In the West, written news took epistolary form. The letter, written on rolls of papyrus paper, established itself as a routine means of public and private communication in the Greco-Roman world and carried news of goings-on across the Roman Empire. Romans could also discover the latest official news from Acta diurna (‘Daily Acts’ or ‘Daily Records’), once these initially secret bulletins were made public under Julius Caesar. Lasting until the age of Constantine, the Acta initially reported the outcomes of legal proceedings, but expanded to include more general public announcements, as well as notable births, marriages and deaths, and imperial or senatorial decrees. Again, no physical Acta survive, despite being archived after being displayed in public spaces, such as the Forum, on whitened boards (album) or inscribed on metal or stone. We do, however, know a little of how the Acta were used from other texts that survive, including accounts of slaves reading the Acta out to their master for the amusement of those at the table. There are also hints of what we might call the first journalists: a substantial number of actuarii working for the senate who gathered and prepared the information.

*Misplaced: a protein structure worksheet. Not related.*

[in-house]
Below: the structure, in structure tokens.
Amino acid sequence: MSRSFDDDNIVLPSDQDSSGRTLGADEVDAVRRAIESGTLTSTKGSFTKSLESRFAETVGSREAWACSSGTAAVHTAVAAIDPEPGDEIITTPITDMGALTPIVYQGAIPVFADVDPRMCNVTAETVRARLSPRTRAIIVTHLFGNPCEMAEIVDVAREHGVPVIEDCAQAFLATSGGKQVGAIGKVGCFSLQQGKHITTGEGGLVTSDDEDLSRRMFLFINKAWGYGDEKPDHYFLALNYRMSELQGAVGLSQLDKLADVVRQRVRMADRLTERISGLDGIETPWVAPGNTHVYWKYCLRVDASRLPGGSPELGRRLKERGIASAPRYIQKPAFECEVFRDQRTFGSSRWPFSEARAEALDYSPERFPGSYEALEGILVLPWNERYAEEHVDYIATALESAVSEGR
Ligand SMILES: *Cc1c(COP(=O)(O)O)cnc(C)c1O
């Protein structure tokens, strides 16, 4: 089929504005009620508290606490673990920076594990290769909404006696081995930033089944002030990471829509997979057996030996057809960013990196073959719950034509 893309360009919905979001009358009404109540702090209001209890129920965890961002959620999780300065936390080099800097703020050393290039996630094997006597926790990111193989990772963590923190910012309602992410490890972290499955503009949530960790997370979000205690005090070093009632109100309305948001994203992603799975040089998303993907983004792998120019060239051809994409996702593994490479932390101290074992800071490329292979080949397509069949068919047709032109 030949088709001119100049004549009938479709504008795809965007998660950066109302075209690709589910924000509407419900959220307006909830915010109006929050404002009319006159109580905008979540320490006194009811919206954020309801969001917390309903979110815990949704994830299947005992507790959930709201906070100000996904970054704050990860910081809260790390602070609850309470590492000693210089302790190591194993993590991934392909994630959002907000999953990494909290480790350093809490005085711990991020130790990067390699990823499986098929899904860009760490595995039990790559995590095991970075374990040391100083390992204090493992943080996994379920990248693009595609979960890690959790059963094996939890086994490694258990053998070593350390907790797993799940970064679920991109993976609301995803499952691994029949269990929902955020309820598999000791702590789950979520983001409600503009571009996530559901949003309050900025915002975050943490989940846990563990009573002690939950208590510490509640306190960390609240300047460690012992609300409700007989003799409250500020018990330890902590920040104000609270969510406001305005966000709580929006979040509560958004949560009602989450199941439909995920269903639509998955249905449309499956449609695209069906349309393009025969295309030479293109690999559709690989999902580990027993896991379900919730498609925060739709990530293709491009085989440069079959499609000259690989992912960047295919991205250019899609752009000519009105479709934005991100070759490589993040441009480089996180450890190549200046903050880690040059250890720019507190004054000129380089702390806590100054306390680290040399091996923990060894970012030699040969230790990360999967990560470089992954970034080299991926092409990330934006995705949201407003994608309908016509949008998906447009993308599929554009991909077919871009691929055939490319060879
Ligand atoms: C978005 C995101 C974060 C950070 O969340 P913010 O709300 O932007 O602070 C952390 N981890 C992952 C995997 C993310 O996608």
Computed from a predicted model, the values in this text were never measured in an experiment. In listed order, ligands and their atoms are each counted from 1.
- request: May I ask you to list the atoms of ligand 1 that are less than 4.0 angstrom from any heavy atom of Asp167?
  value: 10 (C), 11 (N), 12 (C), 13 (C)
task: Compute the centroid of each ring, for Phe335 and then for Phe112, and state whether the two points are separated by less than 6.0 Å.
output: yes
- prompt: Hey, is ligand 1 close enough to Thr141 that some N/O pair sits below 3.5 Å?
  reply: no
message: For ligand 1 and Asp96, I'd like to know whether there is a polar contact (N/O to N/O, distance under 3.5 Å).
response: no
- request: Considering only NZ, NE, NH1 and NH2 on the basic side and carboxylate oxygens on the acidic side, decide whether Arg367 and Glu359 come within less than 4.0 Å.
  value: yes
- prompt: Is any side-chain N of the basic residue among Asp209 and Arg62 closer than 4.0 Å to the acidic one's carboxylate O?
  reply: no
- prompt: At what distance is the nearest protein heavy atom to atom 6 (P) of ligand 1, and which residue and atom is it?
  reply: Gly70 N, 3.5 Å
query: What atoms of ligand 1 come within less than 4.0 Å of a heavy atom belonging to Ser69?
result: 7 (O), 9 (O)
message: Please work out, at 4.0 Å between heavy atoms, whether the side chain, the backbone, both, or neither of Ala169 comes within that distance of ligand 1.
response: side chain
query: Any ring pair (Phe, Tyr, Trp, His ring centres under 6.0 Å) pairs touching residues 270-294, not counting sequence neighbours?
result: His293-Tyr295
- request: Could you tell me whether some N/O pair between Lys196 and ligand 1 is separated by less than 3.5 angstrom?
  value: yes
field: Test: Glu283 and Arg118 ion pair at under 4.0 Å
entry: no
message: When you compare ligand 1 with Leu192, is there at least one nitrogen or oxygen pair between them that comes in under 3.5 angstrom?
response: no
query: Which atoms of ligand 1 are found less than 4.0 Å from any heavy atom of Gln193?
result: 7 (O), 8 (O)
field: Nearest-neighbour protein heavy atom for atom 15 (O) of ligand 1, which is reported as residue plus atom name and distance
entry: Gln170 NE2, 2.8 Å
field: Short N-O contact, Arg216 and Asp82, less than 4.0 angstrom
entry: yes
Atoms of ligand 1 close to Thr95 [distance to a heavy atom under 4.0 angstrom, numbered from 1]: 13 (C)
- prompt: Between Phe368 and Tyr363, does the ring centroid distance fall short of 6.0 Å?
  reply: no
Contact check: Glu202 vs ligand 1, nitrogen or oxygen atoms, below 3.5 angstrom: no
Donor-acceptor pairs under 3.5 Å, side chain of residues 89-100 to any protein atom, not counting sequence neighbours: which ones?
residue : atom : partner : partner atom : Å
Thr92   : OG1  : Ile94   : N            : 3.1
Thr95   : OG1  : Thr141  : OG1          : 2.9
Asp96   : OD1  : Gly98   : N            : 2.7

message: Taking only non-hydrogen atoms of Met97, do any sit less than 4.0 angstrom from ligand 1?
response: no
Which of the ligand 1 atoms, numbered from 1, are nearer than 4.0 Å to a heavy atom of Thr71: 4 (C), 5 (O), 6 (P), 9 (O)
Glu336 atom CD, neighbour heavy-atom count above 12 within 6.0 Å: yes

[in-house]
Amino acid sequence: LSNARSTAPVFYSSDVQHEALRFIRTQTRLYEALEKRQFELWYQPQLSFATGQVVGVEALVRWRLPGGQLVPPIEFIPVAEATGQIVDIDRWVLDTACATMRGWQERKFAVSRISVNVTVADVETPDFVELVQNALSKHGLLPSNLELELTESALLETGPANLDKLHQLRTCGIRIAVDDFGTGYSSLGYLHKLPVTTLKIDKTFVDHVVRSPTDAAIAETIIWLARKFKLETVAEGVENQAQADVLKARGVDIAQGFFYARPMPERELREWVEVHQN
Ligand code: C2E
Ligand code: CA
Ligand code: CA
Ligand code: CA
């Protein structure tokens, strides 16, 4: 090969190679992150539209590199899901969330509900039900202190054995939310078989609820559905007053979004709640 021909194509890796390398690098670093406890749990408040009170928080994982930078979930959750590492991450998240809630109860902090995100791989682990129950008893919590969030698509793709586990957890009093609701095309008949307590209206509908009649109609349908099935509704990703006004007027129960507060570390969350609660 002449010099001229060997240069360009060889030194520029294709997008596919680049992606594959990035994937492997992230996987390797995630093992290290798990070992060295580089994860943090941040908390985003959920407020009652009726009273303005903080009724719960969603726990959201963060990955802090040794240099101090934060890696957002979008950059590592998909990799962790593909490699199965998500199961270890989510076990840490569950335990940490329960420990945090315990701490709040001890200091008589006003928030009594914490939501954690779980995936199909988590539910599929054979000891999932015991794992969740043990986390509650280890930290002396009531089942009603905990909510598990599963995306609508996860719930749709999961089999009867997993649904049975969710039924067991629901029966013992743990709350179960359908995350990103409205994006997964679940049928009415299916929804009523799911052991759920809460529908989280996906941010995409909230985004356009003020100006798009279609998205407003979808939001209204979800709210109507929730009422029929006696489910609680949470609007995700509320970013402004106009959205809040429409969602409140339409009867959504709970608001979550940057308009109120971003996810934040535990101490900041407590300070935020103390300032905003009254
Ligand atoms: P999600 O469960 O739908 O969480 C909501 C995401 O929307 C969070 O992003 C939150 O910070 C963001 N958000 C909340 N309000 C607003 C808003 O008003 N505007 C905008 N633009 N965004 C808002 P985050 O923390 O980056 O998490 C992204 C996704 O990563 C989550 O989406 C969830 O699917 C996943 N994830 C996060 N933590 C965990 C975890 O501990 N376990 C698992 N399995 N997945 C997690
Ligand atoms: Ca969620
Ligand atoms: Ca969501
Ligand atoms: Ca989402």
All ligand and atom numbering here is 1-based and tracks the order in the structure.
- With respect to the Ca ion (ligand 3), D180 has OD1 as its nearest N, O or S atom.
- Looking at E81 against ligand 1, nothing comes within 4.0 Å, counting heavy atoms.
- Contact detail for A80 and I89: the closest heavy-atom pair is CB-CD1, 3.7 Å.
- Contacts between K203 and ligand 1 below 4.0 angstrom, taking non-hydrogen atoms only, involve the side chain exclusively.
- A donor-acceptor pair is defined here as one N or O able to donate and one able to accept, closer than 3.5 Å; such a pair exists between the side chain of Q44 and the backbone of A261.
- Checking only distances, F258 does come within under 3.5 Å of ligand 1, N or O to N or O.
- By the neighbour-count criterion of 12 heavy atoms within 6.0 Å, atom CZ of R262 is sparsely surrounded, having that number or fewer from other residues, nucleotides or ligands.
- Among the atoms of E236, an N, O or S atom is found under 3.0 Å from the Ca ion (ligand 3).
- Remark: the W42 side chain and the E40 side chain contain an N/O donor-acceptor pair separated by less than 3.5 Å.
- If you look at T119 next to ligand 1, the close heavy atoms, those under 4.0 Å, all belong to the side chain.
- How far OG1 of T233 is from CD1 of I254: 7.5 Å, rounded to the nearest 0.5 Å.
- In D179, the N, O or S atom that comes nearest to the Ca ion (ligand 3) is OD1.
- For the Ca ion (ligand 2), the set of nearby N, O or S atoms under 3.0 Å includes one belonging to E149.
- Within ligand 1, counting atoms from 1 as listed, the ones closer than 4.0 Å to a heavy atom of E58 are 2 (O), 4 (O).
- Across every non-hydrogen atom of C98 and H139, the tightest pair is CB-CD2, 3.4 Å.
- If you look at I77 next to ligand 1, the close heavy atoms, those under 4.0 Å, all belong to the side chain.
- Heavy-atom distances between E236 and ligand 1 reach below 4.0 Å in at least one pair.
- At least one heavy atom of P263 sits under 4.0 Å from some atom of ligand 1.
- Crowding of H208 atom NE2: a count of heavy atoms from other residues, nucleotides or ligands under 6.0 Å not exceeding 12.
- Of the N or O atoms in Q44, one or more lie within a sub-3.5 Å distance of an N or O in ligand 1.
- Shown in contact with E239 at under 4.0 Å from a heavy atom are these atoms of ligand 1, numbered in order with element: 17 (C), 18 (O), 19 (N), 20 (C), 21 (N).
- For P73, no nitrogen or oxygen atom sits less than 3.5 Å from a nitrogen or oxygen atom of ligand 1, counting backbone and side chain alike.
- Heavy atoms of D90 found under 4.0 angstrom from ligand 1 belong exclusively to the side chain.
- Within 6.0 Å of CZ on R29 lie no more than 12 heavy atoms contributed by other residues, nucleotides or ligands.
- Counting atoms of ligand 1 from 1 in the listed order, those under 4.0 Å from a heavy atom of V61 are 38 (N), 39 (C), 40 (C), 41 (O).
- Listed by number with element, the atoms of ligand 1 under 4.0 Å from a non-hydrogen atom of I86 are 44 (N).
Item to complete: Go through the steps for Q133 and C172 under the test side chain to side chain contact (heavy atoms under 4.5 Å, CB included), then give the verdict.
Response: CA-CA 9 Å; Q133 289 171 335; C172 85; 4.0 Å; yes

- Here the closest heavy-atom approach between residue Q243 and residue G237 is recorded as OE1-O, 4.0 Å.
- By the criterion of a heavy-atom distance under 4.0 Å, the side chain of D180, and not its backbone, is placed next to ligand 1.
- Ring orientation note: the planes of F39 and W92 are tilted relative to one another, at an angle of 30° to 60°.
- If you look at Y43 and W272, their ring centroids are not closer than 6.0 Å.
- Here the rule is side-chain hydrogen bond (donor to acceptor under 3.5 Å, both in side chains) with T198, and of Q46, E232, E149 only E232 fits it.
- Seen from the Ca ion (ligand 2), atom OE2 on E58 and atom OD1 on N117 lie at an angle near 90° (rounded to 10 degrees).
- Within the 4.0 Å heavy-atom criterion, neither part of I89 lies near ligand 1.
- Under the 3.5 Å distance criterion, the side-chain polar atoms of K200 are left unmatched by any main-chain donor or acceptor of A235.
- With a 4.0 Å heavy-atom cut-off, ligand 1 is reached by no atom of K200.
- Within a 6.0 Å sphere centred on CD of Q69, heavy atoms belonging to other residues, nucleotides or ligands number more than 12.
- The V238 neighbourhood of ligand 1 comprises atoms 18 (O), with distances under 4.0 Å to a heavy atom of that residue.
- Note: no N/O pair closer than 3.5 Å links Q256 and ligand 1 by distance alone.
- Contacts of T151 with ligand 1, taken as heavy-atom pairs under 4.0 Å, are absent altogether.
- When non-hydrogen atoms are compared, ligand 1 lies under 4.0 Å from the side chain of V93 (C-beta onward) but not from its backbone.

Others made a business out of reporting on the Acta and disseminating them to the provinces. News even spread beyond Italy, making use of Rome’s vast network of roads and maritime commercial networks. From the time of Augustus, and probably long before, official couriers travelled the roads by horse or carriage, stopping at regular staging posts. It is estimated that news could usually travel at 40 kilometres (25 mi.) a day, with 80 being possible if the news was especially urgent. In theory, this system, which represented an enormous expense, was limited to official correspondence, particularly confidential information....